Founded in 1866, the ASPCA® (The American Society for the Prevention of Cruelty to Animals®) is the first humane organization established in the Americas and serves as the nation’s leading voice for animal welfare. More than one million supporters strong, the ASPCA’s mission is to provide effective means for the prevention of cruelty to animals throughout the United States. As a 501(c)(3) not-for-profit corporation, the ASPCA is a national leader in the areas of anti-cruelty, community outreach and animal health services. The ASPCA, which is headquartered in New York City, offers a wide range of programs, including a mobile clinic outreach initiative, its own humane law enforcement team, and a groundbreaking veterinary forensics team and mobile animal CSI unit. For more information, please visit www.aspca.org. To become a fan of the ASPCA on Facebook, go to www.facebook.com/aspca. To follow the ASPCA on Twitter, go to www.twitter.com/aspca.
Born Free USA founder, legendary actress Virginia McKenna featured in winning film
Washington D.C., October 7, 2011 - - Elsa: The Lioness That Changed the World (Brian Leith Productions/BBC/WNET) captured the prestigious Conservation Hero prize at the 11th Jackson Hole Wildlife Film Festival Awards yesterday. In the competitive world of documentaries, the work and legacy of pioneering conservationists George and Joy Adamson won plaudits from judges and the public.
The story of how the Adamsons returned Elsa the lioness to a wild and free life in the face of widespread scepticism, was the subject of a best-selling book published in the early 1960’s. It has been widely credited with changing public perceptions about lions and sparked a wildlife revolution where wild animals are, today, recognized as individuals with many of the characteristics such as affection, remorse, regret and love, previously thought to be the exclusive preserve of humans.
Virginia McKenna, OBE, the legendary actress who co-starred in the 1966 classic movie Born Free with her late husband Bill Travers, and founded the Born Free Foundation, is featured in the film from locations in the remote north of Kenya where the Adamson’s carried out much of their work.
In a statement sent from her home near London, England, McKenna said, “It really is an extraordinary tribute to the pioneering work of George and Joy Adamson that their story, the story of Elsa, continues to touch millions of people 50 years later. It touched my heart when, with my late husband Bill, we made Born Free. It reaches across the world today through the work of the Born Free Foundation and Born Free USA. It has touched the hearts of the jury through this remarkable film – so carefully produced by Brian Leith and Clare Brook and sensitively directed by Sacha Mirzoeff - in which I am honoured to have had a role. Elsa truly was the Lioness That Changed the World – and she still is. Her legacy is burning bright – long may it do so!”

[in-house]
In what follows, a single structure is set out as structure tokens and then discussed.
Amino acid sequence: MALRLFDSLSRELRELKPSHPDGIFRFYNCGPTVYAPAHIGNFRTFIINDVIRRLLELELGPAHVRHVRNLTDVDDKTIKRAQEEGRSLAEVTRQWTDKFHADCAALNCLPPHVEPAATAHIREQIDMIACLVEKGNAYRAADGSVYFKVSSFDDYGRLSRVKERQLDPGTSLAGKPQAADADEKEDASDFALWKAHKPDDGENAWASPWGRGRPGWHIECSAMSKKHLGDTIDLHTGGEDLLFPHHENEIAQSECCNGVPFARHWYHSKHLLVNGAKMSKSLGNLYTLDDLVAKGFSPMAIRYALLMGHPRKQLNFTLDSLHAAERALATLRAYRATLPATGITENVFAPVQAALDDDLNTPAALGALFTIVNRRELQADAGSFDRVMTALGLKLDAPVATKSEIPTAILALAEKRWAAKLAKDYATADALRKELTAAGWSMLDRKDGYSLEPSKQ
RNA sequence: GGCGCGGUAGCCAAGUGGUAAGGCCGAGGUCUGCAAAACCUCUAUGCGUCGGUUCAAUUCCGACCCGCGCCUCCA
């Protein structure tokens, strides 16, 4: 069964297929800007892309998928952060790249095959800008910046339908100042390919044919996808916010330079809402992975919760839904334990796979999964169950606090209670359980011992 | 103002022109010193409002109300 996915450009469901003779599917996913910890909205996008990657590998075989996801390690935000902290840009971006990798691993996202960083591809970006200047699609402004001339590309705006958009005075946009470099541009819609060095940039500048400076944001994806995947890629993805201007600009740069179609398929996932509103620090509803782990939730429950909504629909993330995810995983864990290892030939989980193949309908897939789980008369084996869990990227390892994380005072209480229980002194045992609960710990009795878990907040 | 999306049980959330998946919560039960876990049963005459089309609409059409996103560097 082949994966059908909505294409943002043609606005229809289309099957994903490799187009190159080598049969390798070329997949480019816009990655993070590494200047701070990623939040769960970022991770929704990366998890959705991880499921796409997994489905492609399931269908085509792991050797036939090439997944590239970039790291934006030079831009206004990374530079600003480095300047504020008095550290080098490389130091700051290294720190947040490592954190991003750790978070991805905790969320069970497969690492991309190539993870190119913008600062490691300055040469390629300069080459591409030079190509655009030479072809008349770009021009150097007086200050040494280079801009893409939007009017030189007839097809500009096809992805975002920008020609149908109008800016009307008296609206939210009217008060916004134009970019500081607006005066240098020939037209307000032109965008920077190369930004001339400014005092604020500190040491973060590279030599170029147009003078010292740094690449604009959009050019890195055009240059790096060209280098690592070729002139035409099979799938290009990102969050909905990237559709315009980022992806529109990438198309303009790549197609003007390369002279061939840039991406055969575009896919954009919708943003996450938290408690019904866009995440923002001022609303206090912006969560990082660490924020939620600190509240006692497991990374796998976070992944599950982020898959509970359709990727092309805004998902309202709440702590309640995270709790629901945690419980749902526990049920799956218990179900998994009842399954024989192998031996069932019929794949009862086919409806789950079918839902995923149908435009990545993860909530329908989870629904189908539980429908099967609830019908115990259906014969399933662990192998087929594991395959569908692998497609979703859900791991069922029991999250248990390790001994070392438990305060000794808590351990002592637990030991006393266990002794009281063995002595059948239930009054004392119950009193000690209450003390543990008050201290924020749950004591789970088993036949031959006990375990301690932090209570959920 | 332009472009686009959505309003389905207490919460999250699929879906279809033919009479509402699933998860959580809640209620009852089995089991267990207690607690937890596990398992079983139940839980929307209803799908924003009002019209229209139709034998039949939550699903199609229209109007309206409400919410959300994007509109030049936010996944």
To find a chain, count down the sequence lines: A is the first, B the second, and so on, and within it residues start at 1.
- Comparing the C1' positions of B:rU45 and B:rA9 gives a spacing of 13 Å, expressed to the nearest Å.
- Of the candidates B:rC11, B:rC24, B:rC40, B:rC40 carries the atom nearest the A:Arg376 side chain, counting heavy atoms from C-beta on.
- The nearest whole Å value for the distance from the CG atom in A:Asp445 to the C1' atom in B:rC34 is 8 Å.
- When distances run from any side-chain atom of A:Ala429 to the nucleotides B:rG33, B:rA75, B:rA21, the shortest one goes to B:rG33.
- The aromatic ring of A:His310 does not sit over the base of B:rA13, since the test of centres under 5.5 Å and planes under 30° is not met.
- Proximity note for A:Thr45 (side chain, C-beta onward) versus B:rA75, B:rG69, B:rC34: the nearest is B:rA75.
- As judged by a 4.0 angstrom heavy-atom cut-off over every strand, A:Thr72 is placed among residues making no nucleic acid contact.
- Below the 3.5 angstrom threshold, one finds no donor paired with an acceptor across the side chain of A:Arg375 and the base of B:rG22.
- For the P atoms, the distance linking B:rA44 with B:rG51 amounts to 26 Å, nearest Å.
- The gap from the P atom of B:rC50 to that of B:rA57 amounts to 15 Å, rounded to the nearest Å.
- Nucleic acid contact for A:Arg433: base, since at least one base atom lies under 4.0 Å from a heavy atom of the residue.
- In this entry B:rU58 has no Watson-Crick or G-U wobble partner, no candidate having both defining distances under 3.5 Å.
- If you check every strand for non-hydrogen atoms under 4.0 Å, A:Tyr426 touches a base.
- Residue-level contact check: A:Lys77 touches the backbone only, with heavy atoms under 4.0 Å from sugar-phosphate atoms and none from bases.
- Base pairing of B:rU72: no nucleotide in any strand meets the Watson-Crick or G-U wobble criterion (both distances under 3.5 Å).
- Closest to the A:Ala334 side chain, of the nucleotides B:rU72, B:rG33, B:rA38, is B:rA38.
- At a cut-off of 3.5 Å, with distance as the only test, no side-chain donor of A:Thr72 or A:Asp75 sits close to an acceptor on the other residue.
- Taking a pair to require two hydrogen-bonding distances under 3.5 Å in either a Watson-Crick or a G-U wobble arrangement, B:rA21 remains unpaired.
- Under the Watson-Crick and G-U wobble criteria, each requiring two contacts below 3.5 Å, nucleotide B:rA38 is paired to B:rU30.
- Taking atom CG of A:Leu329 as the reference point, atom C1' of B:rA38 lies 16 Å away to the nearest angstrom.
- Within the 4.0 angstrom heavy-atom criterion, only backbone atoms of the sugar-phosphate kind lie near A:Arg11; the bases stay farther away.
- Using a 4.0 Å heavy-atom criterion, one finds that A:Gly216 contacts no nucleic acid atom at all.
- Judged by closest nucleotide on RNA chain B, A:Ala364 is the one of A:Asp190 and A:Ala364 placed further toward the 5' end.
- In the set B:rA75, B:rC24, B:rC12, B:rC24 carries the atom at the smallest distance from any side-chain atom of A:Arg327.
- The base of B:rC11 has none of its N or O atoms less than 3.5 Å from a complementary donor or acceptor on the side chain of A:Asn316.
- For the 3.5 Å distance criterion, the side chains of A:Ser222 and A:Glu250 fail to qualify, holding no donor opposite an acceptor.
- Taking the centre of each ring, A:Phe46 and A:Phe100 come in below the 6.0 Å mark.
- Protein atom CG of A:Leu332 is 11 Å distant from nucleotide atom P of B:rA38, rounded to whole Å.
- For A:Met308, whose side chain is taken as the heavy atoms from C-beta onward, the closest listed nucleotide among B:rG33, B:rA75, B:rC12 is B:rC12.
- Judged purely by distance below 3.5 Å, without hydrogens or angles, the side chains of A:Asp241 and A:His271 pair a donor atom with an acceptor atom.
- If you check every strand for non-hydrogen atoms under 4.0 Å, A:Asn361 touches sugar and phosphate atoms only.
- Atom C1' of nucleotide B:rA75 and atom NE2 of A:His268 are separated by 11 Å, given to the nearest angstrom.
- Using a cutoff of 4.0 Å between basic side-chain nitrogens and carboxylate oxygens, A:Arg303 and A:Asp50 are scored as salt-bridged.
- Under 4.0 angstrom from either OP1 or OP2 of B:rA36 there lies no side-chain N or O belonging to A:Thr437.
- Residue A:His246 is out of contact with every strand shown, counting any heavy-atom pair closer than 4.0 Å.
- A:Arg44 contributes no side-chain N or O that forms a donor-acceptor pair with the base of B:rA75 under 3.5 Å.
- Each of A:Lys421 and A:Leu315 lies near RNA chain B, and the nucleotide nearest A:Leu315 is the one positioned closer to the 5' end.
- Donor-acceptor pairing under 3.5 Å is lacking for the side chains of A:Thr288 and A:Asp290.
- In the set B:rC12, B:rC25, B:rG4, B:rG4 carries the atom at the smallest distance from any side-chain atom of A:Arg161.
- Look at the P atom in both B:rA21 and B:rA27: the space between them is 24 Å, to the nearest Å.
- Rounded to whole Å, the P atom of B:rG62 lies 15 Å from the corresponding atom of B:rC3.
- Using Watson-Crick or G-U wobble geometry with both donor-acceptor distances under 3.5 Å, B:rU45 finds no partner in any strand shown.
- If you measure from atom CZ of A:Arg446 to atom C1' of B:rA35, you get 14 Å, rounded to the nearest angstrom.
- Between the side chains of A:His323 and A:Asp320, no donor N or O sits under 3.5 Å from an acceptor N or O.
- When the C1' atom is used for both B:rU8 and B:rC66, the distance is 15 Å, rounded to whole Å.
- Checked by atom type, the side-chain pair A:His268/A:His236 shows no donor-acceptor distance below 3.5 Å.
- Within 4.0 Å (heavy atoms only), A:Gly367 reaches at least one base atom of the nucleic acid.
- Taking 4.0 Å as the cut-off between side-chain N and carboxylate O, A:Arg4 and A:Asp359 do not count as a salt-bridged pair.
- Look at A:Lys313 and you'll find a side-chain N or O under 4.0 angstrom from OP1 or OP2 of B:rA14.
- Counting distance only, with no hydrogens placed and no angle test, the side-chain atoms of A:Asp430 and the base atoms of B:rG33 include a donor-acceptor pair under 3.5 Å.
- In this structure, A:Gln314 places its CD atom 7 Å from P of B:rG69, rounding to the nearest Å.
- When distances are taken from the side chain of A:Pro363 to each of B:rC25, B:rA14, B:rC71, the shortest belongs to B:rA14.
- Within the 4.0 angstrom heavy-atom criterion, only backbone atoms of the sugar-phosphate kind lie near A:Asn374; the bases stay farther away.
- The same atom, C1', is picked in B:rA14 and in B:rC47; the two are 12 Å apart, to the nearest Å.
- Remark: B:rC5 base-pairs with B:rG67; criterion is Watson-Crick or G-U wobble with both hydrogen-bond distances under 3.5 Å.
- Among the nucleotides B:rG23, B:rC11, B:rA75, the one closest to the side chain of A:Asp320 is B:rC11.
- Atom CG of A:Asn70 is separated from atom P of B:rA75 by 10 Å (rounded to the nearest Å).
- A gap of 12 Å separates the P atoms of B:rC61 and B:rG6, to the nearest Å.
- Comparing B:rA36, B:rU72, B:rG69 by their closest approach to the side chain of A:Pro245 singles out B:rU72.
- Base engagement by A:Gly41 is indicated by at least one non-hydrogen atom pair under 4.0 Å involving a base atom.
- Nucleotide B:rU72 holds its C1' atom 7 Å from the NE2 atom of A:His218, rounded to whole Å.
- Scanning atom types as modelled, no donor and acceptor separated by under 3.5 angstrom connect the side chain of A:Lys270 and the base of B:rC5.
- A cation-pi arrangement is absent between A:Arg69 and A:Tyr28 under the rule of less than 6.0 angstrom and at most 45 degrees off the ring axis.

The award-winning actress, well-known for her roles opposite such luminaries as Yul Brynner, Gary Cooper, Peter Finch and Paul Scofield, is also internationally recognized for her campaigning work for wildlife, particularly the establishment in 1984 of the Born Free Foundation (www.bornfree.org.uk) and subsequently Born Free USA (www.bornfreeusa.org), charities that today fight against the suffering of wild animals in captivity and champion the conservation of endangered species. She is also the author of the bestselling book, The Life in my Years, her critically acclaimed memoirs and was recently voted one of the most inspirational people of all time in a Daily Telegraph (UK) poll.
Born Free USA is a nationally recognized leader in animal welfare and wildlife conservation. Through litigation, legislation, and public education, Born Free USA leads vital campaigns against animals in entertainment, exotic “pets,” trapping and fur, and the destructive international wildlife trade. Born Free USA brings to America the message of “compassionate conservation” -- the vision of the U.K.-based Born Free Foundation, established in 1984 by Bill Travers and Virginia McKenna, along with their son Will Travers, now CEO of both organizations. Born Free’s mission is to end suffering of wild animals in captivity, conserve threatened and endangered species, and encourage compassionate conservation globally. More at: www.bornfreeusa.org; twitter http://twitter.com/bornfreeusa; Facebook http://www.facebook.com/BornFreeUSA.